- Sometimes, we end up spending money on one-off expenses that cost a lot.
- Before moving forward, make sure to do your research and figure out a payoff plan if you can't cover your costs up front.
Don't move forward until you've addressed each and every one of these questions.
We all have recurring expenses that eat up our income month after month. These include things like food, medications, rent payments, auto loan payments, and utility bills.
But from time to time, you may have to make a larger purchase -- one your regular paycheck can't cover. Before you move forward with such a purchase, it's important to run through these key questions.
1. Can I pay for this outright?
If you're buying something that's a need rather than a want -- say, a new fridge because your old one just gave out on you -- then you may have to move forward right away even if you haven't saved up for it. But if you're looking to buy something that isn't a necessity, like a new TV, then your goal should really be to pay for it all at once, as opposed to landing in debt because of it.
Now to be clear, it's okay to dip into your savings account to treat yourself to a large purchase here and there (that is, as long as you leave yourself with enough cash to cover emergencies). But if you can't pay for a luxury purchase in full, then you may want to hold off until you've socked away more cash for it.
2. What's the best way to finance this?
If your large purchase is a need, not a want, then you may have to resign yourself to financing it in the absence of having the cash. To that end, you may have different options.
A credit card might seem like your best bet, especially if you're not close to having reached your spending limit across your various cards. But you can also look at other options. For example, if you think you'll be able to pay off your purchase within a few months, you can look at a "buy now, pay later" plan, or BNPL plan.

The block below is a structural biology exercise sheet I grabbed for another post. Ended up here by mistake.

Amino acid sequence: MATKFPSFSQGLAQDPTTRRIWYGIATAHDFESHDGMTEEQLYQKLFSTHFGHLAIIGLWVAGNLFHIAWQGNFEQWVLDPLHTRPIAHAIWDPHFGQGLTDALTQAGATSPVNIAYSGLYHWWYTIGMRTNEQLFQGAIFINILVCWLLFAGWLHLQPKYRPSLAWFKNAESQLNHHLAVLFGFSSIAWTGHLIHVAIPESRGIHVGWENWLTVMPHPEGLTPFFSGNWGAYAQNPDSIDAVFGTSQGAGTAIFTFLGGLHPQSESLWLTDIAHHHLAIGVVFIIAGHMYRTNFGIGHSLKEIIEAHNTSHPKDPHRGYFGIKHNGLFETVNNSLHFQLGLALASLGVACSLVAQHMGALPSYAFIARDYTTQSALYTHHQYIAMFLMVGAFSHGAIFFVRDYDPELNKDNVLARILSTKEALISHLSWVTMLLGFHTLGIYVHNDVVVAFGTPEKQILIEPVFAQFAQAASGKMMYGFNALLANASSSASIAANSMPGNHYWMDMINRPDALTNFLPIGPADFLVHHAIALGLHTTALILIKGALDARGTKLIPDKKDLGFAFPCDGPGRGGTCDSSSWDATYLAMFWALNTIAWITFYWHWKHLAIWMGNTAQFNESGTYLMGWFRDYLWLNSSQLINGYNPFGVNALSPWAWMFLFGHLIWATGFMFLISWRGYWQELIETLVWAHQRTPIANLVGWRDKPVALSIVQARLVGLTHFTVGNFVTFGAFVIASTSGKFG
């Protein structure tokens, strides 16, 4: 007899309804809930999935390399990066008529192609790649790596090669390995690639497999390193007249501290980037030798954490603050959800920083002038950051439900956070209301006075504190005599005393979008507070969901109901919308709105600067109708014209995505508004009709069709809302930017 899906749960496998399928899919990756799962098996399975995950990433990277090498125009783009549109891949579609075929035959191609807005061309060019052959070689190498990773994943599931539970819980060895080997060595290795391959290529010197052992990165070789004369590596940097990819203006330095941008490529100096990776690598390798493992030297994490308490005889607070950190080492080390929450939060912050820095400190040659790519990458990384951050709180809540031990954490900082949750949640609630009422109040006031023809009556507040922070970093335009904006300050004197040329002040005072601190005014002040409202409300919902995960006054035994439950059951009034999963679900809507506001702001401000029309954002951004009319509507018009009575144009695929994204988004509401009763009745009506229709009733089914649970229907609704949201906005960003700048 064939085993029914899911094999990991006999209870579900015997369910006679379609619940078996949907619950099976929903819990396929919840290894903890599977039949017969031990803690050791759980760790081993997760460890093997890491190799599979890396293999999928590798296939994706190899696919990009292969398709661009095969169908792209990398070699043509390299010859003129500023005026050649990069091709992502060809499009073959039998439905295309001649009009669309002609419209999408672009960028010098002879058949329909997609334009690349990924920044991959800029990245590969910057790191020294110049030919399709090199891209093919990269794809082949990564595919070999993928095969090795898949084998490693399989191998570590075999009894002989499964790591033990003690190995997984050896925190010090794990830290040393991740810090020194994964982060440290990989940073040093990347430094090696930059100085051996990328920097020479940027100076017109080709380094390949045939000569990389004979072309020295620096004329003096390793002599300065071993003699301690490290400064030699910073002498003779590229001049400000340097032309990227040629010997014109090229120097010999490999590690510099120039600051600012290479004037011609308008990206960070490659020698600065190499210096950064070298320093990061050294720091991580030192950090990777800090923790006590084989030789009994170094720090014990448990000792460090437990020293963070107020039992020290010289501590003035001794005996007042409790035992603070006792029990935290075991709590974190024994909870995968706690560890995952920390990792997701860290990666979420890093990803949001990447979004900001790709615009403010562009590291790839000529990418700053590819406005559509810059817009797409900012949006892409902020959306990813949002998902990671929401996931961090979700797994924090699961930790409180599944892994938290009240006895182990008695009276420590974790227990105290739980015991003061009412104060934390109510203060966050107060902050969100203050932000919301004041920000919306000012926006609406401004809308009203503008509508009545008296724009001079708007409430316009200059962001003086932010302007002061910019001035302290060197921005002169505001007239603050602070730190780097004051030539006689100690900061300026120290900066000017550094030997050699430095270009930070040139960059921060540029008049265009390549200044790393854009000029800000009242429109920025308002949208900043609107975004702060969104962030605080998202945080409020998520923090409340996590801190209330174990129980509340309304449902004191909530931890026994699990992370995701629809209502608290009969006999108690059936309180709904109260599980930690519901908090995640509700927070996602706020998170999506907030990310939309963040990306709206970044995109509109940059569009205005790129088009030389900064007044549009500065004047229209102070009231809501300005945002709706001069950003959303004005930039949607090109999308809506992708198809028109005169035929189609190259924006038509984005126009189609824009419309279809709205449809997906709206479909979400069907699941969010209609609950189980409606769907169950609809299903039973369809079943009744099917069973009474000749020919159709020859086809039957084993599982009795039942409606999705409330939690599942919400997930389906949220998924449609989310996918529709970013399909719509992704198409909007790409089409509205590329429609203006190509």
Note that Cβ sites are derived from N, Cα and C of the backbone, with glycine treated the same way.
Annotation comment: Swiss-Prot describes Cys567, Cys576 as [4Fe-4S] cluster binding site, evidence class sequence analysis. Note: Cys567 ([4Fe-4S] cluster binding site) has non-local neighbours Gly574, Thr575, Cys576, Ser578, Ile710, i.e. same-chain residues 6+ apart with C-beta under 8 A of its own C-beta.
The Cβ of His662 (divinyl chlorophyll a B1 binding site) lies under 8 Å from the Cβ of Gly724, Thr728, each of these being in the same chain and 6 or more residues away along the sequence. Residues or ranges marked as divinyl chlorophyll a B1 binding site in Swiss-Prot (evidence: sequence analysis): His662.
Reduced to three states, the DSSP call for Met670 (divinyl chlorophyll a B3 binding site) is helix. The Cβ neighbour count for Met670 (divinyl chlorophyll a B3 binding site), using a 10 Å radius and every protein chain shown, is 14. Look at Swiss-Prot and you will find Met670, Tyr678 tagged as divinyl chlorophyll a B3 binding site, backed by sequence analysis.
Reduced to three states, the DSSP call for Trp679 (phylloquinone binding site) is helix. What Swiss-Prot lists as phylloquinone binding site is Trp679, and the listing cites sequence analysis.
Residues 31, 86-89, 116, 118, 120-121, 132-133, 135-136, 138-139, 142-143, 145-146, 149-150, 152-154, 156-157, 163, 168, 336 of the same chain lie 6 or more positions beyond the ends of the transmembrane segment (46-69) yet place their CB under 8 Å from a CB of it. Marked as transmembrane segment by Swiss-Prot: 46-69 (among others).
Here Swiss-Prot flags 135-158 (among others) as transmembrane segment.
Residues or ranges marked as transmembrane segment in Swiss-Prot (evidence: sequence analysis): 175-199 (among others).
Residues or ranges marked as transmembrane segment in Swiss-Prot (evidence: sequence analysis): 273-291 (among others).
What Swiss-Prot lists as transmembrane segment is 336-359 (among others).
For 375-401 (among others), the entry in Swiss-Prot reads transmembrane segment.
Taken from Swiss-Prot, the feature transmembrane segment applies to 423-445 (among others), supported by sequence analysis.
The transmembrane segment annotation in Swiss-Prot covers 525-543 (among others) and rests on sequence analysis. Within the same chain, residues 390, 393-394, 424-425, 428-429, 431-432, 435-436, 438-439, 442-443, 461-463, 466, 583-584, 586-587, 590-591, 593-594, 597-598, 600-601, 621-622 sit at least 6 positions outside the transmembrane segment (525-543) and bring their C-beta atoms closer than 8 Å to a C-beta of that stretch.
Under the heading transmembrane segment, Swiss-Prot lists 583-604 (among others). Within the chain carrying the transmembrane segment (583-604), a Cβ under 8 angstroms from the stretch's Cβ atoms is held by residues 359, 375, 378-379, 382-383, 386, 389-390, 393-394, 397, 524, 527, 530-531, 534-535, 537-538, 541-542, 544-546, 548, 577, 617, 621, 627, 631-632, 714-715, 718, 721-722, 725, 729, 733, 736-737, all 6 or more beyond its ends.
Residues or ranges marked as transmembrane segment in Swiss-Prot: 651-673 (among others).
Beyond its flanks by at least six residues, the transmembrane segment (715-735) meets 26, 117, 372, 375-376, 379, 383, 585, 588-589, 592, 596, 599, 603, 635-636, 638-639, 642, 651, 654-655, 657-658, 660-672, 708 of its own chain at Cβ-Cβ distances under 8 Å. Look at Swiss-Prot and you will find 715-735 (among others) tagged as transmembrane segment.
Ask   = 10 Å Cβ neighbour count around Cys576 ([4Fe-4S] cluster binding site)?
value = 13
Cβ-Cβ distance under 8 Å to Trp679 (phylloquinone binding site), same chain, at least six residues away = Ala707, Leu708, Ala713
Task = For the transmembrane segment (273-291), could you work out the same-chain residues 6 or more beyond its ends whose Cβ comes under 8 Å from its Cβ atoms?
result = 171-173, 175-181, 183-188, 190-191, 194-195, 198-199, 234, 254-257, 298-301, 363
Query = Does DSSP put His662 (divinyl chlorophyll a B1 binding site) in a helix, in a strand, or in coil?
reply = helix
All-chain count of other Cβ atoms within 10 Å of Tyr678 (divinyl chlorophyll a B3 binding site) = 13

BNPL plans let you pay off purchases in installments, usually over the course of three months or less. The good thing about them, though, is that they don't charge interest like credit cards do as long as you stick to your payment agreement. And so a BNPL plan could be a good option if you can't pay for your purchase in full now, but you're expecting a bonus from work next month that will allow you to cover its cost.
3. Have I shopped around for the best price?
When you're buying a pair of socks or new sponges for your kitchen, there's a limit as to how much of your time you should give up for bargain-hunting purposes. But if you're making a larger purchase, it definitely pays to shop around and see where you can get the best deal. If you're buying electronics, for example, you can look at major retailers, but it also pays to browse on Amazon and see what price the site has to offer.
Furthermore, if you're a Costco member, you might manage to snag a good deal on things like electronics, furniture, and even larger appliances. Spending a small amount of time on research could result in paying less for your purchase.
Large purchases pop up from time to time, and that's normal. But be sure to tackle these questions so you don't end up making any poor financial choices along the way.
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